Hezbollah unravels CIA spy network in Lebanon
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Last Updated: Tuesday, December 13, 2011, 14:17
  
Washington: Hezbollah has partially unraveled the CIA's spy network in Lebanon, severely damaging the intelligence agency's ability to gather vital information on the terrorist organization at a tense time in the region, former and current US officials said.

Officials said several foreign spies working for the CIA had been captured by Hezbollah in recent months. The blow to the CIA's operations in Lebanon came after top agency managers were alerted last year to be especially careful handling informants in the Middle East country.

Hezbollah's longtime leader, Sheik Hassan Nasrallah, boasted in June on television he had unmasked at least two CIA spies who had infiltrated the ranks of the organization, which the US considers a terrorist group closely allied with Iran.

Though the US Embassy in Lebanon officially denied the accusation, American officials concede that Nasrallah was not lying and the damage spread like a virus as Hezbollah methodically picked off the CIA's informants.

To be sure, some deaths are to be expected in these shadowy spy wars. It's an extremely risky business and people get killed. But the damage to the agency's network in Lebanon has been greater than usual, several former and current US officials said, speaking on condition of anonymity because they were not authorized to speak publicly about security matters.

The Lebanon crisis is the latest mishap involving CIA counterintelligence, defined as the undermining or manipulating of the enemy's ability to gather information. Former CIA officials have said the once-essential skill has been eroded as the agency shifted from outmaneuvering rival spy agencies to fighting terrorists. In the rush for immediate results, former officers say, tradecraft has suffered.

The most recent high-profile example was the suicide bomber who posed as an informant and killed seven CIA employees and wounded six others in Khost, Afghanistan, in December 2009.

Last year, then-CIA director Leon Panetta said the agency had to maintain "a greater awareness of counterintelligence." But eight months later, Nasrallah let the world know he had bested the CIA, demonstrating that the agency still struggles with this critical aspect of spying and sending a message to those who would betray Hezbollah.

It remains unclear whether anyone has been or will be held responsible in the wake of this counterintelligence disaster or whether the incident will affect the CIA's ability to recruit assets in Lebanon.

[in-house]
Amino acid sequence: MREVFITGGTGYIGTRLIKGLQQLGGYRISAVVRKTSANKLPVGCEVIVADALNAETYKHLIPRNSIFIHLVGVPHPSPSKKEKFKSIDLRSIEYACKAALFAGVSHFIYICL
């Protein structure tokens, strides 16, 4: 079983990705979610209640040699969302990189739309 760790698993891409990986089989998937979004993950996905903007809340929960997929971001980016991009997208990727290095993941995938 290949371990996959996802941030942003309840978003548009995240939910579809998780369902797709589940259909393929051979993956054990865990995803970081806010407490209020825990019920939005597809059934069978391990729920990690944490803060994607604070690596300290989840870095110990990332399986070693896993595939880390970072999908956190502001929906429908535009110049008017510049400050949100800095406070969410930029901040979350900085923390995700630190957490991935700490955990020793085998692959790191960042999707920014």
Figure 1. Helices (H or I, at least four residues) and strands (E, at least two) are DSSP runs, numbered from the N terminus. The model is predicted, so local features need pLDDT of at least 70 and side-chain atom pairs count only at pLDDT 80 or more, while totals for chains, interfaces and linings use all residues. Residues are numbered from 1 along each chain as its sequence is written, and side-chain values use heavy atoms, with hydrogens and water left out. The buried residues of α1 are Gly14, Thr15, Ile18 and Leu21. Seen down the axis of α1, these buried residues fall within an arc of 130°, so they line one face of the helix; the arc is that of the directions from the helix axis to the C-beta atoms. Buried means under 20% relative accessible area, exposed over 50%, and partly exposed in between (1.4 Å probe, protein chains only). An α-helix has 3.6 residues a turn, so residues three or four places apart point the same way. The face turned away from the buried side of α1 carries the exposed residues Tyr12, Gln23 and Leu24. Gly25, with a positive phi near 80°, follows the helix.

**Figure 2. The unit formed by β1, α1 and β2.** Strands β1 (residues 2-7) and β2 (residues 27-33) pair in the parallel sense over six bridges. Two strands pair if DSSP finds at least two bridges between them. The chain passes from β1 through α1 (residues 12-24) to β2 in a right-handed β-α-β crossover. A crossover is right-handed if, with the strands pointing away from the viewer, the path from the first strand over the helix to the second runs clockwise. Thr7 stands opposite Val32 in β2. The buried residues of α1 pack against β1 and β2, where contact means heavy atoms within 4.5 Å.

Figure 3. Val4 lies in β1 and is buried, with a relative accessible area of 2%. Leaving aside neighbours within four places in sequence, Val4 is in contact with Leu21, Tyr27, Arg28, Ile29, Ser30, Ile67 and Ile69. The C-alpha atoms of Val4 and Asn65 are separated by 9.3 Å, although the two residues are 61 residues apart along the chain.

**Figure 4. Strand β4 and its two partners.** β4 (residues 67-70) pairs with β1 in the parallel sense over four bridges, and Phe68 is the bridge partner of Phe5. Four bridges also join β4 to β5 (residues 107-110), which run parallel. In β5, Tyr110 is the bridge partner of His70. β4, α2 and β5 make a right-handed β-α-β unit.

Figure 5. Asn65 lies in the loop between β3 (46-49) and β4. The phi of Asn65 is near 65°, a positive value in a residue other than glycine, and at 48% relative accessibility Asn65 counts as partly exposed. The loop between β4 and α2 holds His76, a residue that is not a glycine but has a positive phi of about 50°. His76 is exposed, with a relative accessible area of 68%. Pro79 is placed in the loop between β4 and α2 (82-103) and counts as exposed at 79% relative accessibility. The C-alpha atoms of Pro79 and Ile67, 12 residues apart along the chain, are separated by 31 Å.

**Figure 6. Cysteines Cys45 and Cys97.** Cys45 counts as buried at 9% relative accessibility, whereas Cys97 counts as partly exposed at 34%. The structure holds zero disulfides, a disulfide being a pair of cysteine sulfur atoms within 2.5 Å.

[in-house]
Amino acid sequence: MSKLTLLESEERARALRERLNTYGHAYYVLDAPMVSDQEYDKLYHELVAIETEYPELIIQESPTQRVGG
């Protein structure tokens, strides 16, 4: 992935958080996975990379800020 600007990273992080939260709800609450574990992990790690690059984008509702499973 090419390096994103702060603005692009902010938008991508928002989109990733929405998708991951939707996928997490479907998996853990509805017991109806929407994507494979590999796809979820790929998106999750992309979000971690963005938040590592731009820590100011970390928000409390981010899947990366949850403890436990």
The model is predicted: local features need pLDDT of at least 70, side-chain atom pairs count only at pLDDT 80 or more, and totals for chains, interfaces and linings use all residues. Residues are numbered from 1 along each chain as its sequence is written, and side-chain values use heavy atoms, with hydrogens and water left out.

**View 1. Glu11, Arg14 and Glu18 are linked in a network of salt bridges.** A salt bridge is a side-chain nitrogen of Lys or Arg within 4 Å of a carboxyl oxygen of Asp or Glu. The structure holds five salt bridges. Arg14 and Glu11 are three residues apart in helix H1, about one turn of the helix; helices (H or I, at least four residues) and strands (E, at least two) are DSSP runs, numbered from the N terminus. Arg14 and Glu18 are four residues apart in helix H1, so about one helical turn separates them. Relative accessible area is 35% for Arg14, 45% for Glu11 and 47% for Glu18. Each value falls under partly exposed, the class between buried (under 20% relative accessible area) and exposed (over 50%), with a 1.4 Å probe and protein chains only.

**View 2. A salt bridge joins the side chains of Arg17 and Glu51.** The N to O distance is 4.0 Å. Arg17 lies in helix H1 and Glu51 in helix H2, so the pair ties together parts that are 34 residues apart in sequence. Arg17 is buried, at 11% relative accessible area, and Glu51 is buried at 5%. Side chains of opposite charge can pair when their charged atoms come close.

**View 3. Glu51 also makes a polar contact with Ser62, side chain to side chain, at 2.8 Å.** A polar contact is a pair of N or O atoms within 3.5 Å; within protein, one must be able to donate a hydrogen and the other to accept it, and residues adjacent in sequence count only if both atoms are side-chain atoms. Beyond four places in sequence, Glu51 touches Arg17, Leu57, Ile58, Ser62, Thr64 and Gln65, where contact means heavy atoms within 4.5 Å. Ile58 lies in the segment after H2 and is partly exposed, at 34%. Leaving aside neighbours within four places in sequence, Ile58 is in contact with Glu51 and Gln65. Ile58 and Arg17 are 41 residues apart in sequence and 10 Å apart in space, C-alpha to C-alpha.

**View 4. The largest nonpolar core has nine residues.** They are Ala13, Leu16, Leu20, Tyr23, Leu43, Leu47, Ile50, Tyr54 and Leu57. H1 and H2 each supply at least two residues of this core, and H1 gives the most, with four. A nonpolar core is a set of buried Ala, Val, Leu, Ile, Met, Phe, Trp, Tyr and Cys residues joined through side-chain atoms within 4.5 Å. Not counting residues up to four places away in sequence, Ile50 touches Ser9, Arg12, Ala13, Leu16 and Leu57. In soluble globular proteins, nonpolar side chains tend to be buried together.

CIA officials were warned their spies in Lebanon were vulnerable. Those told include the chief of the unit that supervises Hezbollah operations from CIA headquarters in Langley, Va., and the head of counterintelligence.

Former and current intelligence officials are waiting to see how CIA Director David Petreaus, who took the helm in September, will handle this fiasco. While in the military, the retired four-star developed a reputation for exacting standards and holding people accountable.

"Gen Petraeus will definitely take care of the failings of his organization. He will deal with it head on and not try to bury it under the carpet,'' said retired Army Col. Peter Mansoor, the general's former executive officer in Iraq.

In response to AP's questions about what happened in Lebanon, a U.S. official said Hezbollah is a complicated enemy, responsible for killing more Americans than any other terrorist group before September 2001. The agency did not underestimate the organization, the official said.

The CIA's toughest adversaries, like Hezbollah and Iran, have for years been improving their ability to hunt spies, relying on patience and guile to exploit counterintelligence holes.

In 2007, for instance, when Ali-Reza Asgari, a brigadier general in the Islamic Revolutionary Guards Corps of Iran, disappeared in Turkey, it was assumed that he was either killed or defected. In response, the Iranian government began a painstaking review of foreign travel by its citizens, particularly to places like Turkey where Iranians don't need a visa and could meet with foreign intelligence services.

PTI


First Published: Tuesday, December 13, 2011, 14:17


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